The foundation of exceptional counseling, in my opinion, is being able to know the client well enough to ask the “right” questions. I have witnessed that a question posed at the precise moment in time, when a client is open to examining change, creates that “aha” moment. And that client is never the same. There is an organization that specifically addresses the skill of questioning called the Inquiry Institute. The Institute teaches everyone, not just therapists, that “great results begin with great questions.” One can learn how to question the thinking process to break those unhealthy patterns in life, and start following a new path of growth and change. I believe that the principles of questioning can and should be applied to the bigger picture, specifically, our culture and society.
Let’s look at the world of mental health and mental illness. I have been practicing counseling for over ten years. I consider one of my best attributes to be the ability to read and assess non-verbals in my clients. This also carries over to my interactions with friends, family, and even those I have just met. (You have now been advised!) This skill is important because many people have difficulty expressing themselves verbally. What is going on in their brains may be challenging to put into words. This is why the field of mental health is so unpredictable. No one can read another person’s mind. The only way I can understand someone is through their words and their actions. And, often times those with a mental illness are unable to express those ideas in their heads. For example, I have had several experiences involving clients with suicidal thoughts. I can tell they are depressed by their body language and how they tell me they are feeling. But the critical piece to moving forward with the client is to ask specifically, “Are you thinking about hurting yourself?” Has the depression crossed over into possible self-harm? Every client to whom I have asked this question, displays a sense of relief. Finally, someone asked.
Those with mental health concerns benefit from having a therapist who asks the questions that they themselves cannot seem to communicate vocally. Words matter. One client might be searching for how to share her feelings of anxiety. I can help translate what is going on in her mind. One client may hear voices, and be unable to tell the difference between the voices internally versus the voices externally. How can she express that? What are the questions that need to be asked in order to help her verbalize her confusion? Recently, tragic events have led to a review of the mental health care system. Questions are correctly being asked about how these tragedies could have been avoided. The topic of mental health care deficiencies always comes up. I am here to tell you that the best therapist in the world cannot read anyone’s mind. And while I may be familiar with my clients’ previous words and behaviors, I cannot completely predict their future actions. I can only help or take action with my clients based on what they tell me and their observable behaviors. For example, school shootings have raised many questions, but so far, few answers. Most of the questions and outrage revolve around gun control, school security, mental health care, and violent video games. But my question is this, “Why are students killing their own classmates?”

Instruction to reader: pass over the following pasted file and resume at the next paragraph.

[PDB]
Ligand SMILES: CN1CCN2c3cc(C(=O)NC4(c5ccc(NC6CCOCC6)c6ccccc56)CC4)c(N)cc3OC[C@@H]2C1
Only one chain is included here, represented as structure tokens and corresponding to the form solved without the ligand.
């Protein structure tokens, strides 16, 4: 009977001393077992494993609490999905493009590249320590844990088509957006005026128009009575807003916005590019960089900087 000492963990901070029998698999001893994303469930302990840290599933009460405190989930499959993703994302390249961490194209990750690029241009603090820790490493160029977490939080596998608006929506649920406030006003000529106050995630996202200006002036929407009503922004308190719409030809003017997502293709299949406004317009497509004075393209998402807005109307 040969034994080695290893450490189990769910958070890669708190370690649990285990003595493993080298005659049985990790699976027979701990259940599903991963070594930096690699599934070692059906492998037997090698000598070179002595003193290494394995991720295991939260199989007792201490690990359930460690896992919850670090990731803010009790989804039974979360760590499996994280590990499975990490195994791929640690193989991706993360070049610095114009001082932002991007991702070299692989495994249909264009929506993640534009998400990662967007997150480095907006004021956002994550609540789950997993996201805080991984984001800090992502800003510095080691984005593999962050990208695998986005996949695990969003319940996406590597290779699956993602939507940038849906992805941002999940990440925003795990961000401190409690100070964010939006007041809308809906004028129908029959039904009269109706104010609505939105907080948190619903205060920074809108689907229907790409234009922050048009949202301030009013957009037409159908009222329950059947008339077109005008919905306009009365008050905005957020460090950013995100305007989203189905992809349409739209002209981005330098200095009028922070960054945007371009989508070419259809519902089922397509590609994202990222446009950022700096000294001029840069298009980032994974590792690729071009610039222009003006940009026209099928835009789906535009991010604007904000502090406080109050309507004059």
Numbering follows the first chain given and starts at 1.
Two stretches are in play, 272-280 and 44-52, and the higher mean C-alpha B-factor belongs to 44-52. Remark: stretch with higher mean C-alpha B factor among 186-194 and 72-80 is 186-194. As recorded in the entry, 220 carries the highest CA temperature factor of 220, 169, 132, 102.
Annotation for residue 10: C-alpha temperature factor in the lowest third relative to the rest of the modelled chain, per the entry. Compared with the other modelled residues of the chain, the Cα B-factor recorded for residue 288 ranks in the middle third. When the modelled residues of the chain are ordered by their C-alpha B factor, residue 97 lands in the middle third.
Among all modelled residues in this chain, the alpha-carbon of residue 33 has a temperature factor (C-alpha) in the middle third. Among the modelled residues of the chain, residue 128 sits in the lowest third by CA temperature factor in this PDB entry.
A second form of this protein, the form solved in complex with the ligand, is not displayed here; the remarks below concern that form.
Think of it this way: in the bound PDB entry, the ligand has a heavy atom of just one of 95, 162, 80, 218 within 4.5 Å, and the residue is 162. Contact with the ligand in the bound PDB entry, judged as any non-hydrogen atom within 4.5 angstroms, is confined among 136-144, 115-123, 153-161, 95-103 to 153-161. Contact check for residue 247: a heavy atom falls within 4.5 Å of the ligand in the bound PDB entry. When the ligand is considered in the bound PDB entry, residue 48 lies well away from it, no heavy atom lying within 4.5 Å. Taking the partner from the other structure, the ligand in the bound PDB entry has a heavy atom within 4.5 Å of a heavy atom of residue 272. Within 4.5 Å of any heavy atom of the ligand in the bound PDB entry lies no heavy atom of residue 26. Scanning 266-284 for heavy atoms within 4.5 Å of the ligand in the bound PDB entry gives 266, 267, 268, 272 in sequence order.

As a counselor, my concern for the future of mental health involves the minds of our collective society, especially our young people. Because of my profession, I am able to experience more deeply the possible root causes of cultural problems. And I am seeing a disturbing trend in our society, which is seeping into my offices. People are becoming disconnected to the world and to others. I’m getting less and less eye contact, both in and out of my offices. Clients want an “app” to fix their problems. Clients think it’s my job is to fix the world, so they don’t have to change. Clients acknowledge spending more time in the “pretend” worlds of their phone and games than in the “real” world. The questions need to be raised now, for the future of our brains, our minds, and most importantly, for humanity.
By: Lisa Philippart
Licensed Professional Counselor